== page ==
Newt Gingrich really wants to go to the moon - and to Mars. And he would give statehood to a space colony, if it had a big enough population.
But before a I get to that, a quick note about Gingrich's crowds in Florida: They are enormous and they are enthusiastic. In fact, Gingrich is attracting bigger, more energetic crowds here in Florida than I have seen gathered for any of the candidates in any of the other states so far.
Ok. Back to space. Speaking to a yet another massive crowd in Cocoa Beach, on Florida's space coast, Gingrich ditched his stump speech and offered his vision of an ambitious new space program. "By the end of my second term," Gingrich said, prompting the crowd to erupt in applause, "we will have the first permanent base on the moon and it will be American."
And he was just getting started; by 2020, he said, there would be regular flights to Mars.
"I am sick of being told we have to be timid and I'm sick of being told we have to be limited to technologies that are 50 years old, Gingrich said.
Reminding the crowd that Romney had made fun of his plans for lunar colonies, Gingrich said there is something Romney's researchers haven't found yet, something he referred to as "the weirdest thing I've ever done": When he was in the House, he authored a bill that would allow a lunar colony to apply for statehood once it reached 13,000 residents.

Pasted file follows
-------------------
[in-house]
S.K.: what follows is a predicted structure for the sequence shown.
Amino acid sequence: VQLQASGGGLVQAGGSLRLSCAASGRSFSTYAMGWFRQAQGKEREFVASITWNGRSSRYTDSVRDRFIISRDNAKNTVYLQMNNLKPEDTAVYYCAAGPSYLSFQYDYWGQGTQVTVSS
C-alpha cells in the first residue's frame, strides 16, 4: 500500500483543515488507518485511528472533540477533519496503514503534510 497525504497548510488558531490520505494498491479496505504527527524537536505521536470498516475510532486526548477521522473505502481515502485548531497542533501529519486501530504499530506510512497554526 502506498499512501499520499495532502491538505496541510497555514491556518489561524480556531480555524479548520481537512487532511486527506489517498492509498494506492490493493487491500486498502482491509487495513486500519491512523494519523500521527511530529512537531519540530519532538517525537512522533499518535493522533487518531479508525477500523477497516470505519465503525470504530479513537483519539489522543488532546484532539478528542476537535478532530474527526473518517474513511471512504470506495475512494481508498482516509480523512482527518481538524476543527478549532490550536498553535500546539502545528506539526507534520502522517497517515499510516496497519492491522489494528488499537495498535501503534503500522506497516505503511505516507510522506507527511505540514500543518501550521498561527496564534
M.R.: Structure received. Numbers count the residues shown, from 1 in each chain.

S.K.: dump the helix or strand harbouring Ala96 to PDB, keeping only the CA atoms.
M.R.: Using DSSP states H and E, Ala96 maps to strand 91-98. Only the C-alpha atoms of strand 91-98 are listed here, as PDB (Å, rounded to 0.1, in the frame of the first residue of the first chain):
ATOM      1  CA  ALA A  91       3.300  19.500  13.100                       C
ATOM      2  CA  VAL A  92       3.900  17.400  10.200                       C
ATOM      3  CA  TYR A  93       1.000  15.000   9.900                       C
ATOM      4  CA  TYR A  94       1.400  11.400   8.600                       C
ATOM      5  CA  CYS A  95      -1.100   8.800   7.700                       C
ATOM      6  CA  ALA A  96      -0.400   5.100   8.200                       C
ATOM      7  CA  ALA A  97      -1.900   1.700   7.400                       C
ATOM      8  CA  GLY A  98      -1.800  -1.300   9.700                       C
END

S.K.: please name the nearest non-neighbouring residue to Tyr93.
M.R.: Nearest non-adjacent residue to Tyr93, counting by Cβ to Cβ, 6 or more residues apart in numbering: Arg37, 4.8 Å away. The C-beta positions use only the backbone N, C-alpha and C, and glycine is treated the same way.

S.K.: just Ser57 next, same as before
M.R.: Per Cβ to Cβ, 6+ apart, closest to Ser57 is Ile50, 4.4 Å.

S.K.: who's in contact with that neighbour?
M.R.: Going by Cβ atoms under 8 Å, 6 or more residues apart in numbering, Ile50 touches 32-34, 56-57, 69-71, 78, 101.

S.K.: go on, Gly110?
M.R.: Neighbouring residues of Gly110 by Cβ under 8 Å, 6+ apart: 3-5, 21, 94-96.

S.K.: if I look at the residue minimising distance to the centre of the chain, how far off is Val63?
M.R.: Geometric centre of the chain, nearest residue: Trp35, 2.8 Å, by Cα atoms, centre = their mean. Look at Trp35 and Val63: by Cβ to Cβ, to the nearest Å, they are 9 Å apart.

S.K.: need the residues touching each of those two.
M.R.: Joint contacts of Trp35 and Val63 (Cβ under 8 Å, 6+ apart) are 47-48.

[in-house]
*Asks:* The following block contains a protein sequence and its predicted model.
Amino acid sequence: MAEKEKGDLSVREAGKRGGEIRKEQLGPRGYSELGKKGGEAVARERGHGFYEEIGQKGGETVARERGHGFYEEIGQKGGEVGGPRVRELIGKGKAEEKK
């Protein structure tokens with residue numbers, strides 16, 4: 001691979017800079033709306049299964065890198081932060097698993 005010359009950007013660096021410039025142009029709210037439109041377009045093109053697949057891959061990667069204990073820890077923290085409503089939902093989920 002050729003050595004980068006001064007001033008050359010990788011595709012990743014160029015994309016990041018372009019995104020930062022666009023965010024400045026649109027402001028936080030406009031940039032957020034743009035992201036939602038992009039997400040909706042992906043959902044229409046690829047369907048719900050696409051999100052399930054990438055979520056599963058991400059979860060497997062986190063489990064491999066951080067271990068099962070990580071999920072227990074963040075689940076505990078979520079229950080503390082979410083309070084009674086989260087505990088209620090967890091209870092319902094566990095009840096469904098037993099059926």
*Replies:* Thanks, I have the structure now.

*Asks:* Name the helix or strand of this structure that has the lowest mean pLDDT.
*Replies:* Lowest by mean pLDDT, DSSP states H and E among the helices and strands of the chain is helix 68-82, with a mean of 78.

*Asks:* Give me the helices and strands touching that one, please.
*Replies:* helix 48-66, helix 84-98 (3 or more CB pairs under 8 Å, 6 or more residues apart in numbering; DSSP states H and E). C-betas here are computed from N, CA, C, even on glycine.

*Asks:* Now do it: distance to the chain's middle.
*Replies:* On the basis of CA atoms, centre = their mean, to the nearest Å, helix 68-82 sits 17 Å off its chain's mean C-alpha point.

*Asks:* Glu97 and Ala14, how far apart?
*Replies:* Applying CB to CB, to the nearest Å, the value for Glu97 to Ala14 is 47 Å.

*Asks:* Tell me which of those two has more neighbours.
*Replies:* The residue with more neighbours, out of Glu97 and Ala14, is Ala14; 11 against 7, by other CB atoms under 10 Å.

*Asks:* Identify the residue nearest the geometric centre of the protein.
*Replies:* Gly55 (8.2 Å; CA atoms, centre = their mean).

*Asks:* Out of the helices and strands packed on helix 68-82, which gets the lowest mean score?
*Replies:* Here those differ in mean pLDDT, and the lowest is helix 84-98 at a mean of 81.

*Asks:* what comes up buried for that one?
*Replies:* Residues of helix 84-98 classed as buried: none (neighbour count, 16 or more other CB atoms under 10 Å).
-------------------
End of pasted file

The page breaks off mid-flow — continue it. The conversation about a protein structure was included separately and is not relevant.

I met a gentleman in the audience who told me he had worked on Gingrich's Congressional staff and helped with the bill, which was called a Northwest Territory Ordinance for Space. The man told me the bill would have allowed space colonies with over 20,000 people to apply for recognition as a US territory.
In fact, after his speech a reporter asked when the lunar primary would be, and Gingrich said jokingly [I think!] that it would be one of the later primaries.
As Gingrich presented his bold vision for space, he said his plans are another in a long line of great American ideas. In so doing, perhaps he was embracing the epithet that has so often been hurled at him, that he is "grandiose."
"I accept the charge that I am American and Americans are instinctively grandiose because we believe in a bigger future," he said.
Crowds here in Coco Beach seemed to agree.